How to rescue an overwatered plant

Afraid you may have shown your plant a little too much love with the watering can? 

It’s a very common mistake. It's one of the top issues I see when people bring in their houseplants. 

You think that by constantly watering your plant you're going to help it thrive, but actually the opposite is the case. Too much water pushes out the air from the soil that the plant also needs. 

It actually dies from drowning. 

 "Roots need a mixture of both water and air in the soil to keep healthy. When overwatered for long periods of time, all the air spaces in the growing media become saturated with moisture, depriving the roots of the vital oxygen they need. The low-oxygen environment also fosters the growth of anaerobic bacteria that can cause the plant’s roots to rot and eventually die. This damage paradoxically hampers the plant’s ability to absorb water, leading it to display the symptoms of drought stress." James Wong

If you think you've overwatered, then I've got some tips to help you save your plant and also help with overwatering in the future. 

It is totally possible to save an overwatered plant. Just keep reading.

How to tell whether you’ve overwatered your plant

The first signs of overwatering aren’t actually obvious ones.

If you've overwatered your plant you may see droopy or wilting leaves. You might also notice yellowing or browning leaves, which signify stress and nutrient deficiencies resulting from waterlogged soil.

The most obvious signs of overwatering though is just soggy or waterlogged soil.

You may also see mould growth on the soil’s surface. 

Next time you’re unsure whether your plant has taken on too much water, remember to look out for:

  • Droopy or wilting leaves
  • Yellow or brown leaves
  • Soggy, wet soil
  • Mould on the soil’s surface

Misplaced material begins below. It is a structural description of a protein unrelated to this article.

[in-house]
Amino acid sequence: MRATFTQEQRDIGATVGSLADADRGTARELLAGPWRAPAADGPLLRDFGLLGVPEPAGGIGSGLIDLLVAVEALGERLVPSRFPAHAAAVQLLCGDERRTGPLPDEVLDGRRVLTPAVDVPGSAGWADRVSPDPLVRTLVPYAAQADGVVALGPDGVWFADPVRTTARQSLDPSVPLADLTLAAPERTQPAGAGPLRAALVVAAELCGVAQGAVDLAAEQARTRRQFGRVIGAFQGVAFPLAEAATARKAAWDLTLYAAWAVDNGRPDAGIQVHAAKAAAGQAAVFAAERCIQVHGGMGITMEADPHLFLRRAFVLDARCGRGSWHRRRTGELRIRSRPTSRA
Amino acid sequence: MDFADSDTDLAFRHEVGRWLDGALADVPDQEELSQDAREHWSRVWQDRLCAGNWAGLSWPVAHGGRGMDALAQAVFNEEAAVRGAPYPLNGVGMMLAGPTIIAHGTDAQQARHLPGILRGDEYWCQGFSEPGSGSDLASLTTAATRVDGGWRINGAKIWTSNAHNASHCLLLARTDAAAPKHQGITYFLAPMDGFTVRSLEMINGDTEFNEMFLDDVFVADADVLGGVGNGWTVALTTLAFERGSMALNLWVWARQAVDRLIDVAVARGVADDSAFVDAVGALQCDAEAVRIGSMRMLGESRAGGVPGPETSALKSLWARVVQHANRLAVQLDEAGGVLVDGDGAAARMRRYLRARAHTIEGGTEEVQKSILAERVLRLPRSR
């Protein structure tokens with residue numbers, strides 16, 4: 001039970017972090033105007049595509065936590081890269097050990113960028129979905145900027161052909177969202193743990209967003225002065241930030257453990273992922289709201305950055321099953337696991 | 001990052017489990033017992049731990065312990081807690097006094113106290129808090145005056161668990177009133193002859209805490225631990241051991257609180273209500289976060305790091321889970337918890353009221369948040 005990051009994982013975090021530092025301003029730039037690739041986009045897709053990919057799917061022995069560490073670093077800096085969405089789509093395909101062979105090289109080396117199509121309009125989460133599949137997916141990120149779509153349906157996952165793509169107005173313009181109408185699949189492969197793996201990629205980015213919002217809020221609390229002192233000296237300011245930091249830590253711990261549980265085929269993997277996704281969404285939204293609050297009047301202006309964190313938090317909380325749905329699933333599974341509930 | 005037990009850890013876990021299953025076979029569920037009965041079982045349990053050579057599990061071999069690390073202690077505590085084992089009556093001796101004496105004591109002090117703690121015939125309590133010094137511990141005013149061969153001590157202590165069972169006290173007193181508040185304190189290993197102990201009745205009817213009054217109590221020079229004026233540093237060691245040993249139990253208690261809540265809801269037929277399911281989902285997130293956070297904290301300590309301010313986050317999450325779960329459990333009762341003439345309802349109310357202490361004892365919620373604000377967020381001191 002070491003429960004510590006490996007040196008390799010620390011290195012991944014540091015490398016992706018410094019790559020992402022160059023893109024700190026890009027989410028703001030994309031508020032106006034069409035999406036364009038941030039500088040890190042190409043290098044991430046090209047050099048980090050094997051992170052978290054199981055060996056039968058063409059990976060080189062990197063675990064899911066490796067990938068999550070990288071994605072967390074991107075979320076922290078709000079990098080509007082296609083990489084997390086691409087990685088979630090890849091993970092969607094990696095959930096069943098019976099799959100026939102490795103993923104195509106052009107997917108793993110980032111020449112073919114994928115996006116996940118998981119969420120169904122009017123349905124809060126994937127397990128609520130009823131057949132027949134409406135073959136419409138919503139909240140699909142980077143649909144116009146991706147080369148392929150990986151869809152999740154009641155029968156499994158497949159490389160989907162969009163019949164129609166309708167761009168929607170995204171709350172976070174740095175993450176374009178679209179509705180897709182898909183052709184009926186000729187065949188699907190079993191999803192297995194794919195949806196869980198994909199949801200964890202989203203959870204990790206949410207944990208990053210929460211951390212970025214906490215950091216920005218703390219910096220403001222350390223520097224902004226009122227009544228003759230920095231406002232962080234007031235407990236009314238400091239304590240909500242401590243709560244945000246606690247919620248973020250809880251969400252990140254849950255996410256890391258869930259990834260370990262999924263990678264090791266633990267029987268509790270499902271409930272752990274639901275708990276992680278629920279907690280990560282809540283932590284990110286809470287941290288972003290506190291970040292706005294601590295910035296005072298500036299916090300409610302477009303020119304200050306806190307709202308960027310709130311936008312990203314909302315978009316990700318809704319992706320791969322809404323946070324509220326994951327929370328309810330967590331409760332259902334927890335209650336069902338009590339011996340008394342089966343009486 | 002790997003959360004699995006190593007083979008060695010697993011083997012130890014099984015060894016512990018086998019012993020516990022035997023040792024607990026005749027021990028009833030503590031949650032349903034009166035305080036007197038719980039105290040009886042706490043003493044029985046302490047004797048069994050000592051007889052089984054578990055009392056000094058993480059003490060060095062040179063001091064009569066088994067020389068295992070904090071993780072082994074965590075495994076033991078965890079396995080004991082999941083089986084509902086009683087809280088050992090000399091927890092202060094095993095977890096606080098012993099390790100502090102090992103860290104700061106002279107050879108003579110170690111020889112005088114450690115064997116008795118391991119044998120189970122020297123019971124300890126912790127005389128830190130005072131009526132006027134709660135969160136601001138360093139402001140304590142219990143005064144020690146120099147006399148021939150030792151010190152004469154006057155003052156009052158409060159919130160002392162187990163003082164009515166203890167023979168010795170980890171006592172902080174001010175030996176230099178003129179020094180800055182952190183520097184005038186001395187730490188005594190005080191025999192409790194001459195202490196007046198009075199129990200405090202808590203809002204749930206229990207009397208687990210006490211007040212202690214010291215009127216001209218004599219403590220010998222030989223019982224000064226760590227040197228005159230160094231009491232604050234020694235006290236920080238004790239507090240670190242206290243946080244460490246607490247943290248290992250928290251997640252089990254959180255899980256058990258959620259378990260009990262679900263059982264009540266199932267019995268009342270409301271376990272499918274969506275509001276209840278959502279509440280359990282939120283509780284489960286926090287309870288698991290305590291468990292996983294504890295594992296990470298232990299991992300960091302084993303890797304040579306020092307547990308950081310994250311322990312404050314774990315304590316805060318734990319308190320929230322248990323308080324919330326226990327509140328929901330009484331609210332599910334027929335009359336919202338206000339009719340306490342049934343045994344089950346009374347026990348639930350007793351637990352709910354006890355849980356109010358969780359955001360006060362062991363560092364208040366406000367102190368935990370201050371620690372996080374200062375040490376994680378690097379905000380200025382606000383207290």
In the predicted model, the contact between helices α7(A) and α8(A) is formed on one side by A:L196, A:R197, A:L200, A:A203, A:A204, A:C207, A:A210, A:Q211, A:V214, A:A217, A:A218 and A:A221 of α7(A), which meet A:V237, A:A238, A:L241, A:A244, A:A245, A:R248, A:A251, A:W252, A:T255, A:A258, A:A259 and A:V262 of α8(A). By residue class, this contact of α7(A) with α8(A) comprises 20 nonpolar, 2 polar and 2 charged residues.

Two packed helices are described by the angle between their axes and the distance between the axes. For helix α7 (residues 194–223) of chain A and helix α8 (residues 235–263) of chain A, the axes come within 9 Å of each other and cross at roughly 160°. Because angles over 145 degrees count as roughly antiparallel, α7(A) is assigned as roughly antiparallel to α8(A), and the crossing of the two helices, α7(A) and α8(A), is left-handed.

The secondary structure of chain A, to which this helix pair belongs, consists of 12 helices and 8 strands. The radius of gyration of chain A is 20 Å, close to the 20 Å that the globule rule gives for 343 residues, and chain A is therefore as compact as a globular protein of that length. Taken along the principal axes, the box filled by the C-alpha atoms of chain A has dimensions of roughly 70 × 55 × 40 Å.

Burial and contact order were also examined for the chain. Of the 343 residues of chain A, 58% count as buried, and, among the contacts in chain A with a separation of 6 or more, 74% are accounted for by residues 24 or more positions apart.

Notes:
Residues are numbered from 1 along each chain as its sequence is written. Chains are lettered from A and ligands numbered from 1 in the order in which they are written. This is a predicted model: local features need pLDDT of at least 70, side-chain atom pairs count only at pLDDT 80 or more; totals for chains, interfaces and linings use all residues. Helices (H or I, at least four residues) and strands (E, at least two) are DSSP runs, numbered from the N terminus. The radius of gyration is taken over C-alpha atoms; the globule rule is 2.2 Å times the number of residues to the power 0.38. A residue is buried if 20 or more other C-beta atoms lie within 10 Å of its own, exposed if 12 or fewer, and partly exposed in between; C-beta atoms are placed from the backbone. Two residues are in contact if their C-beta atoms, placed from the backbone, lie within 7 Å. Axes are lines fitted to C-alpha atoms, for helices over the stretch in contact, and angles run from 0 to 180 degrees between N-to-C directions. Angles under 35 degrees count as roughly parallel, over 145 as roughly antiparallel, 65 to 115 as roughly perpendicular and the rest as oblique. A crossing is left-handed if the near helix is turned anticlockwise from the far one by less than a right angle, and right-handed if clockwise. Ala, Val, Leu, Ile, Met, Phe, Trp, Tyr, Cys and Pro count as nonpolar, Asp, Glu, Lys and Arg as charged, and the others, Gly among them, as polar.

Damage control for waterlogged plants

Now that you’ve identified an overwatered plant, it’s time to rescue it. 

Assess your plant for water damage

The first thing you need to do is to just stop watering any more. I'd then take the plant out of its pot and examine roots to see if they're brown, mushy or if there is a a smell. 

If there are any damaged roots, then trim those off with a pair of sharp scissors or shears. 

I would then repot into some new compost in a pot with drainage holes or, at the very least, in a container with perlite to improve soil aeration and drainage. 

Adjusting your plant care routine

All you can do now is wait and see if it survives. 

Now it’s time to learn some healthier plant care habits. 

If you have a watering schedule - get rid of it. 

"There are two ways to spot whether a plant needs a drink. The first is to scratch away the top inch or so of the growing media and stick your finger in to see if you can feel moisture. The second is to take a look at the colour – most conventional potting mixes will be dark and crumbly when moist, and lighter brown and dusty when they need watering." James Wong 

I'd also recommend that when it does come to watering to give your plant a good soak rather than a little drip of water. 

Our advice here is for fleshy leaves water from below, everything else from above.


It can be so tempting to keep watering your plants in a bid to show them a little extra love, but in many cases, you might be doing more harm than good.

Remember to avoid those ever-tempting watering schedules, pay attention to your individual plants’ needs, and with a little time, patience and care, even your most overwatered plants will have a good chance of survival.